The Stormwater Division is responsible for maintaining 75 miles of storm pipes, catch basins, city-owned ditch lines and creeks throughout the City. Stormwater is water from rain, snow, sleet, hail, that flows across the ground and pavement or when snow and ice melt. The water seeps into the ground or drains into what we call the storm drain system. These are the drains you see at street corners or the low points on the sides of streets managing stormwater - both drainage and pollution - and they are an integral component of a comprehensive public works package. Inadequate stormwater management can result in flooding, infrastructure and property damage, excessive soil erosion, degraded open space, and polluted water quality leading to problems in the public water supply and other water bodies.
The primary function of storm water drainage systems, including natural channels, is the collection, conveyance and storage of stormwater runoff. In a watershed-based approach to urban stormwater management, the municipal separate storm sewer system, or MS4, including both structural (e.g., pipes, inlets, and outlets) and natural drainage ways, is a critical structural component. Illicit Discharge (i.e., any discharge that is not composed entirely of stormwater) Control is a major component of a stormwater system. Click here to learn more about MS4.
Stormwater Utility User Fees
Like the City's water and sanitary sewer utilities, the Stormwater Utility is self-supporting. Revenue collected from Stormwater Utility user fees goes towards stormwater management, which includes fees to cover the expenses to meet obligations under the NPDES Stormwater Regulations and to pay for the operation, maintenance, and capital improvements of the City's stormwater infrastructure. The Stormwater Utility also works to solve and prevent drainage problem, and repair, maintain, and enhance drainage facilities. Ideally, residential, commercial, industrial, institutional and governmental customers should pay for their water and wastewater service based on their relative system use. The most equitable method to pay for stormwater service is to look at each property's relative use by analyzing the impervious and pervious areas of each. This way, contributors to the stormwater runoff pay their fair share.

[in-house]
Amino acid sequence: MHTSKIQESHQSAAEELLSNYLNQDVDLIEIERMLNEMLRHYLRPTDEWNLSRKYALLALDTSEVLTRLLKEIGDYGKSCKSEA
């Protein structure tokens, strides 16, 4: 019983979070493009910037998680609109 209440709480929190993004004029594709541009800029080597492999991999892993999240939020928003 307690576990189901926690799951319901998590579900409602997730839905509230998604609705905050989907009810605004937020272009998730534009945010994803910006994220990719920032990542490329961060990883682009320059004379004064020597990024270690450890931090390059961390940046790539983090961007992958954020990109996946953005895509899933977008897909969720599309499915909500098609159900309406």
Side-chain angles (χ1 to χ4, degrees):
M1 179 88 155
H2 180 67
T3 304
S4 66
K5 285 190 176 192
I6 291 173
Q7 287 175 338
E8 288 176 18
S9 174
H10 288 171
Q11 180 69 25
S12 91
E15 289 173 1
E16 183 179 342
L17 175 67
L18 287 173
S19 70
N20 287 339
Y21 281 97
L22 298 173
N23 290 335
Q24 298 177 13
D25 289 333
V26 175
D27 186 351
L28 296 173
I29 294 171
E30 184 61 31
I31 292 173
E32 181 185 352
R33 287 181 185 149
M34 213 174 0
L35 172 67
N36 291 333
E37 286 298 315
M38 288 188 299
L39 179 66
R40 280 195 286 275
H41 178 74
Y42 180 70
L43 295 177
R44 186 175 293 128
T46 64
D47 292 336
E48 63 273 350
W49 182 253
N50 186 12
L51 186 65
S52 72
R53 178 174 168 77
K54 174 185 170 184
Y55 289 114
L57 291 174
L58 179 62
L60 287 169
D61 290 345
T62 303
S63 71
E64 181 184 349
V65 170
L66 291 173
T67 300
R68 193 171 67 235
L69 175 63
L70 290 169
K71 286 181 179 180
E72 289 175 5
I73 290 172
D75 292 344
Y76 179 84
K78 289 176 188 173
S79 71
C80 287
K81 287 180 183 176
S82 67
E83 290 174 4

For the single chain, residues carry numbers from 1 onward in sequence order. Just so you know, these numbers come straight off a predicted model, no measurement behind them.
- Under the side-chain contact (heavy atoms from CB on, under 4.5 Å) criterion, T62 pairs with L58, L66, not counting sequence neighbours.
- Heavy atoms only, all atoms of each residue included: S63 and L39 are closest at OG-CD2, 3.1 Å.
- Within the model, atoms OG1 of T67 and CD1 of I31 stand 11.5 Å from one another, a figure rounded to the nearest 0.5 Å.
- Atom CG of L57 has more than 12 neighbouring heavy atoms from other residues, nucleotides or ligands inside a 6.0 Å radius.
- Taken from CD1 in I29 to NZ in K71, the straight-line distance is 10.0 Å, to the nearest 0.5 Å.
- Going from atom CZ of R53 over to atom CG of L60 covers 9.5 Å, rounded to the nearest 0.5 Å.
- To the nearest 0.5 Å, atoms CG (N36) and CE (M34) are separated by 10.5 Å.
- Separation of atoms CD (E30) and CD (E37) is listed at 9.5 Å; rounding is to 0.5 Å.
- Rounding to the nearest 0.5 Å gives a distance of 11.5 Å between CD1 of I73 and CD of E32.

For billing efficiency, residential properties are billed a flat monthly rate based on pervious and impervious measurements from an average residential property. Under the City's Stormwater Utility rate structure, residential properties will be billed $5.75 per Month, based on 2,611 Sq. Ft. or 1 ERU (Equivalent Residence Units). All non-residential properties are billed monthly, based on a stormwater user fee calculated specifically, based on the impervious measurements of their property divided by 2,611 which equals ERU’S times $2.50.
For questions or concerns please call Steve Inman, the Sewer Superintendent, at (937) 746-5001, Monday through Friday, 7:00 a.m. to 4:00 p.m., or e-mail him at firstname.lastname@example.org.
Stormwater January 2024
Stormwater October 2023
Stormwater May Article 2022
November MS4 Article - Illicit Discharge
October MS4 Article - Fall Leaf Clean-Up Tips
July MS4 Article - Plastics a Plenty
May MS4 Article - Illict Discharge
June MS4 Article - Composting for Soil Health
An illicit discharge is any discharge into the City’s stormwater system that is not composed entirely of stormwater.
Common Illicit Discharge Pollutants: Motor oil, anti-freeze, cooking oil or greases, cleaning chemicals, paints, varnishes, pesticides, fertilizers, sewage, excessive grass clippings, animal waste, and general litter (trash).
If you think you have witnessed an illicit discharge, or are aware of one taking place (or that has previously taken place), please report it to the City of Franklin Public Works Department at (937) 746-5001 or at email@example.com so the matter can be looked into.
Please contact the City of Franklin Public Works Department if you have any questions regarding the City’s Illicit Discharge Control Ordinance. Again, the goal of this ordinance is to protect the City's creeks and the Great Miami River for the benefit of the entire community, so please do your part. Thank You!